Armageddon Time

Armageddon Time ★★★★½

2022 Ranked
Who Am I? Reckonings With The Generational Circle

I feel like I'm kind of flying solo on this one, but I really loved James Gray's work on Armageddon Time.

People always say that Gray's films are pretentious. I actually find them particularly humble. There's something about his style that is perfectly underplayed to me. There's always a sense of understatement, even in the grandiosity of his space epics and Amazonian quests. The stakes of the plot could not be higher, and yet he shoots his scenes with a sense of minimalism that beautifully counteracts the circumstances.

The final shots of this film say it all. I keep reading and hearing that the ending was especially underwhelming to people. It couldn't have been more perfect to me. With three simple zoom outs and tracking exit, he manages to thematically close out the entire film asking with his childhood. My girlfriend said to me afterwards, "I wanted more!" I could only respond, tears in my eyes, "It's just enough for me."

Armageddon Time is James Gray's memoir film, narrowing in on a pivotal moment of his adolescence when the tectonic plates of his life and the world around him began to shift. Schools changing, racism blooming, politics striking. Or instead, maybe it’s not so much that the world around is changing but that he himself is changing, and his maturation is finally allowing him to see himself and his world for what it truly is.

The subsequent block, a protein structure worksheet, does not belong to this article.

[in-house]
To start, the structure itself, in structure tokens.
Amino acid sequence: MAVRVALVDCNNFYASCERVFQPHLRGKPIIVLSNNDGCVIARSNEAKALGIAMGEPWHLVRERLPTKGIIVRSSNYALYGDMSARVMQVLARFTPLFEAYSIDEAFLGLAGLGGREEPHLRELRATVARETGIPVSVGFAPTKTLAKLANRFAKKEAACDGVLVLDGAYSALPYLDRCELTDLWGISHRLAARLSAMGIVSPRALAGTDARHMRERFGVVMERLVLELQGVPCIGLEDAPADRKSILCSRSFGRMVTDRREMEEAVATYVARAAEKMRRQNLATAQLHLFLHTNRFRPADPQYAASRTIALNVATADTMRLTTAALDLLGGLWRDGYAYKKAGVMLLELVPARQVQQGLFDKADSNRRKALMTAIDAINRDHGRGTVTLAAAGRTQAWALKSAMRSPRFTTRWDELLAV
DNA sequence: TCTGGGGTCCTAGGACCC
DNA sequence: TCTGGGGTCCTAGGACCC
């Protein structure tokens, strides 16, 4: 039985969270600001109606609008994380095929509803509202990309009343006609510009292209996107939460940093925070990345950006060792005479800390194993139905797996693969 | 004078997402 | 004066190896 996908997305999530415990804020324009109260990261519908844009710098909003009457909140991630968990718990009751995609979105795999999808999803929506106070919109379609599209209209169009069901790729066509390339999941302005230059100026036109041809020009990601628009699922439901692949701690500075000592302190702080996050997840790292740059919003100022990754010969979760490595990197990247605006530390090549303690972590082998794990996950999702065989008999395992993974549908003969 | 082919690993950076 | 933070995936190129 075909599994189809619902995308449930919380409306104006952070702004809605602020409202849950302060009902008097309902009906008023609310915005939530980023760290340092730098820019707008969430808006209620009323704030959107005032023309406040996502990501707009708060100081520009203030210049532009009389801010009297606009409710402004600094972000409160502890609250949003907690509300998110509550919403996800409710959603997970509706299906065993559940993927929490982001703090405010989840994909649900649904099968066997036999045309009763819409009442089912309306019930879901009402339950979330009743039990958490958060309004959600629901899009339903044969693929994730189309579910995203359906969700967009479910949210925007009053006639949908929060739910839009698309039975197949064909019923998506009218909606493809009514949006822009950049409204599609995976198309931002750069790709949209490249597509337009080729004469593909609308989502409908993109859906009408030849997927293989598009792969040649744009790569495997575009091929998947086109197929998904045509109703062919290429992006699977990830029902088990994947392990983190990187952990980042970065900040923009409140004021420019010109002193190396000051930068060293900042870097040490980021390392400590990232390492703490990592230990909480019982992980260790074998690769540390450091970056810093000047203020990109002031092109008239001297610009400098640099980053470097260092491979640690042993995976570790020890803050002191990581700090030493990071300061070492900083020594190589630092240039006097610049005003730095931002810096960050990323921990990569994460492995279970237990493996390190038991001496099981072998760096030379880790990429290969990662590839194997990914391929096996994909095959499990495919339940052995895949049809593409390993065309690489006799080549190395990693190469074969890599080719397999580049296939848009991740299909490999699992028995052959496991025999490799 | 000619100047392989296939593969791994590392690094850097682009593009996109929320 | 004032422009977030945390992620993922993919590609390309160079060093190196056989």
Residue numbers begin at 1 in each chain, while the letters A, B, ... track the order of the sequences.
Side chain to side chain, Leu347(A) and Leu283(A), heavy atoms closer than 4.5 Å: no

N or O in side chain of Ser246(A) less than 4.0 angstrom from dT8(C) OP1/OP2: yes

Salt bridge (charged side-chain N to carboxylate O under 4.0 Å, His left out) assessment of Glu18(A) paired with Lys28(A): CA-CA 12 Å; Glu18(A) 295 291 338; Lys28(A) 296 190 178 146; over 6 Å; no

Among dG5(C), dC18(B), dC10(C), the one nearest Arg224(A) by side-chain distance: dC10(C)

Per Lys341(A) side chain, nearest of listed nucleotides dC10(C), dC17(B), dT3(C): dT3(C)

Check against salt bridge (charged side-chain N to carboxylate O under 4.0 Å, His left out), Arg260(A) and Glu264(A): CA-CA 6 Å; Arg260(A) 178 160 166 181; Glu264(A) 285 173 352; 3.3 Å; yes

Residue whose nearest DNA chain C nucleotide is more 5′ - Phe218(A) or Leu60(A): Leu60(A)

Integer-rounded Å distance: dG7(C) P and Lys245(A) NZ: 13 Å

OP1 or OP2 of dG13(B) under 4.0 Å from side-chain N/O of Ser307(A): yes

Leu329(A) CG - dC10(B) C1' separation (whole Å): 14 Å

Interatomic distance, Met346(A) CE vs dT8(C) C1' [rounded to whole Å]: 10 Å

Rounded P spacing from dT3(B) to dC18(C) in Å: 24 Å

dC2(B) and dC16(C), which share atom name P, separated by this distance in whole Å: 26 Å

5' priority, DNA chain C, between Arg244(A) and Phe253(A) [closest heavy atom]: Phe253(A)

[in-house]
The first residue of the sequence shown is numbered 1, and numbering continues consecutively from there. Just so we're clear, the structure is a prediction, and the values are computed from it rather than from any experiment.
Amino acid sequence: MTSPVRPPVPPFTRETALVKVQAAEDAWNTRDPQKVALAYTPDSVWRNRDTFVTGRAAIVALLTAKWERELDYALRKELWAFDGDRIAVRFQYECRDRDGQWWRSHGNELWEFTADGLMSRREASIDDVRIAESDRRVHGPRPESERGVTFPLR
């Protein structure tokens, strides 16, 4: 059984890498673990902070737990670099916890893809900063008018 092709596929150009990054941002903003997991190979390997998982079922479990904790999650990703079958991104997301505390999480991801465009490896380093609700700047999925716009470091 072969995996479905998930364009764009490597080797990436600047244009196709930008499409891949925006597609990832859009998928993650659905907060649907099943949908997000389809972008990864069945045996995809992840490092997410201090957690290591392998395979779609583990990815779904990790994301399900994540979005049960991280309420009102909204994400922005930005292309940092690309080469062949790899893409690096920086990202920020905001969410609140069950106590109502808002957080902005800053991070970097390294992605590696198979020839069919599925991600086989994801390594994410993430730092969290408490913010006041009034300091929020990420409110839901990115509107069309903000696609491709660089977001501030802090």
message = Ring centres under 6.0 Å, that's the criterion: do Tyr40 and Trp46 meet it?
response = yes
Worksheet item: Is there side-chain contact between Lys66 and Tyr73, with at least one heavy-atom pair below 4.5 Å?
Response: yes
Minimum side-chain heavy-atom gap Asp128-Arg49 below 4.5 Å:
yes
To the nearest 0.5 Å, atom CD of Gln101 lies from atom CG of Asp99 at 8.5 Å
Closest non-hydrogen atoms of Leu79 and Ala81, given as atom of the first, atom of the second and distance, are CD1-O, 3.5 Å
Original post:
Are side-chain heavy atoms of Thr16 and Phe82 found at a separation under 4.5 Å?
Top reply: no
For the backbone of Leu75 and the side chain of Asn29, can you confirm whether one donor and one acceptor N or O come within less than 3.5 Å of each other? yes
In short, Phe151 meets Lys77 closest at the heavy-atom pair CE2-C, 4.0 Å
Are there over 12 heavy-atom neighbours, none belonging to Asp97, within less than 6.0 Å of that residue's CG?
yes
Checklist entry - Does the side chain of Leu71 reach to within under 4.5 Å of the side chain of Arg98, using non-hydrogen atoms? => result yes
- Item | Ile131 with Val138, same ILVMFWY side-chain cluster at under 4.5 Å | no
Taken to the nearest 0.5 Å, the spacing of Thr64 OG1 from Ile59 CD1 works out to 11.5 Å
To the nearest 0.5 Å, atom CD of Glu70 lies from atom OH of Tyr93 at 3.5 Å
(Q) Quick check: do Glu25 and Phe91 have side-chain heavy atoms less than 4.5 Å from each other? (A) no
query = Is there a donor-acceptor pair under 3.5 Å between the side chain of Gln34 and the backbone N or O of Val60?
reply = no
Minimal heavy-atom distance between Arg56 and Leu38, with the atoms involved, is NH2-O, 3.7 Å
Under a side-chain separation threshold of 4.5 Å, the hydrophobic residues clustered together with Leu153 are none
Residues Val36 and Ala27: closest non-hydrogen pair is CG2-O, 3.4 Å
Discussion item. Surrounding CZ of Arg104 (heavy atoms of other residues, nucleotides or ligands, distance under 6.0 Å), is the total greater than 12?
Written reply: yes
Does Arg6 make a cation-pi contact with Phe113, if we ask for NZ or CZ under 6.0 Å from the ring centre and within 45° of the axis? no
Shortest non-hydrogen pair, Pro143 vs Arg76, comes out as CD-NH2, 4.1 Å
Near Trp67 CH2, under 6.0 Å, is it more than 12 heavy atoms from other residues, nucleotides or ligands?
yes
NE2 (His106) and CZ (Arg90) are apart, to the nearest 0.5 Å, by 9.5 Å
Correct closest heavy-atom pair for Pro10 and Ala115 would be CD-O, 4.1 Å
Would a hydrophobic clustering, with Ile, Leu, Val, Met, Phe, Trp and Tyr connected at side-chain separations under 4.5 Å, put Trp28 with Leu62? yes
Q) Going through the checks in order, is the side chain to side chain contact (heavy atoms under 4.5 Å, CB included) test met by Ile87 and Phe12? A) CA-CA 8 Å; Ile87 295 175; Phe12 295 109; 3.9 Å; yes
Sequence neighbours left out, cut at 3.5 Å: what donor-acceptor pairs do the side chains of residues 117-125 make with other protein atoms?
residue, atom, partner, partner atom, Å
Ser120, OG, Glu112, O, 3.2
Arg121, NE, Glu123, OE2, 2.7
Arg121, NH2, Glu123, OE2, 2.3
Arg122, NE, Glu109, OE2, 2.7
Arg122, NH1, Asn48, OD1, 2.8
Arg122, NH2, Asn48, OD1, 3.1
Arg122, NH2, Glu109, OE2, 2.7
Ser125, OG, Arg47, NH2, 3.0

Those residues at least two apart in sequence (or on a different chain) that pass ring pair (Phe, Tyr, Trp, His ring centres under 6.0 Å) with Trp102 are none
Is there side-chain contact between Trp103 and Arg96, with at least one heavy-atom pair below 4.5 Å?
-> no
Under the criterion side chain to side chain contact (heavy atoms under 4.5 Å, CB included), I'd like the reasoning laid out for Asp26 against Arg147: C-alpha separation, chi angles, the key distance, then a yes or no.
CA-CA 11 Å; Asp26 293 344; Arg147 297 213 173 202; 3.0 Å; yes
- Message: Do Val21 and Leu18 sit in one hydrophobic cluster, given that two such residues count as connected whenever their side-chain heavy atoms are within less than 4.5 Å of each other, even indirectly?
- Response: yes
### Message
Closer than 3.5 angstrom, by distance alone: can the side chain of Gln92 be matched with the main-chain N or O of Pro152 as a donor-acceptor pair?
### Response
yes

One aspect that really made Armageddon Time work for me is its total lack of sentimentality, particularly towards himself. It’s a pretty lacerating portrait of privilege and adolescent unawareness which helps the viewer stay critical without falling into traps of over-empathizing with our young white protagonist. Gray also makes sure to only tell his own story here. He isn’t pretending to know anything or anybody that he doesn’t. Gray could’ve easily dived into embellishing Johnny’s story for a more dramatic or cathartic arc about racism, but that wouldn’t have been honest. Instead, Gray plays it low-key and keeps his filmmaking to just what he knows.

The ensemble here is absolutely stellar. Anthony Hopkins, Jeremy Strong, and Anne Hathaway all knock it out of the park as Gray’s parental figures. Jaylin Webb also shines through in this breakout performance, providing equal amounts of levity and sorrow to Gray’s fleeting friend. The only actor who I didn’t love is Banks Repeta is our protagonist, and if it wasn’t for the fact that the character is meant to be so unlikable I don’t know if I could’ve locked into the film as much as I did.

A quiet winner for me.

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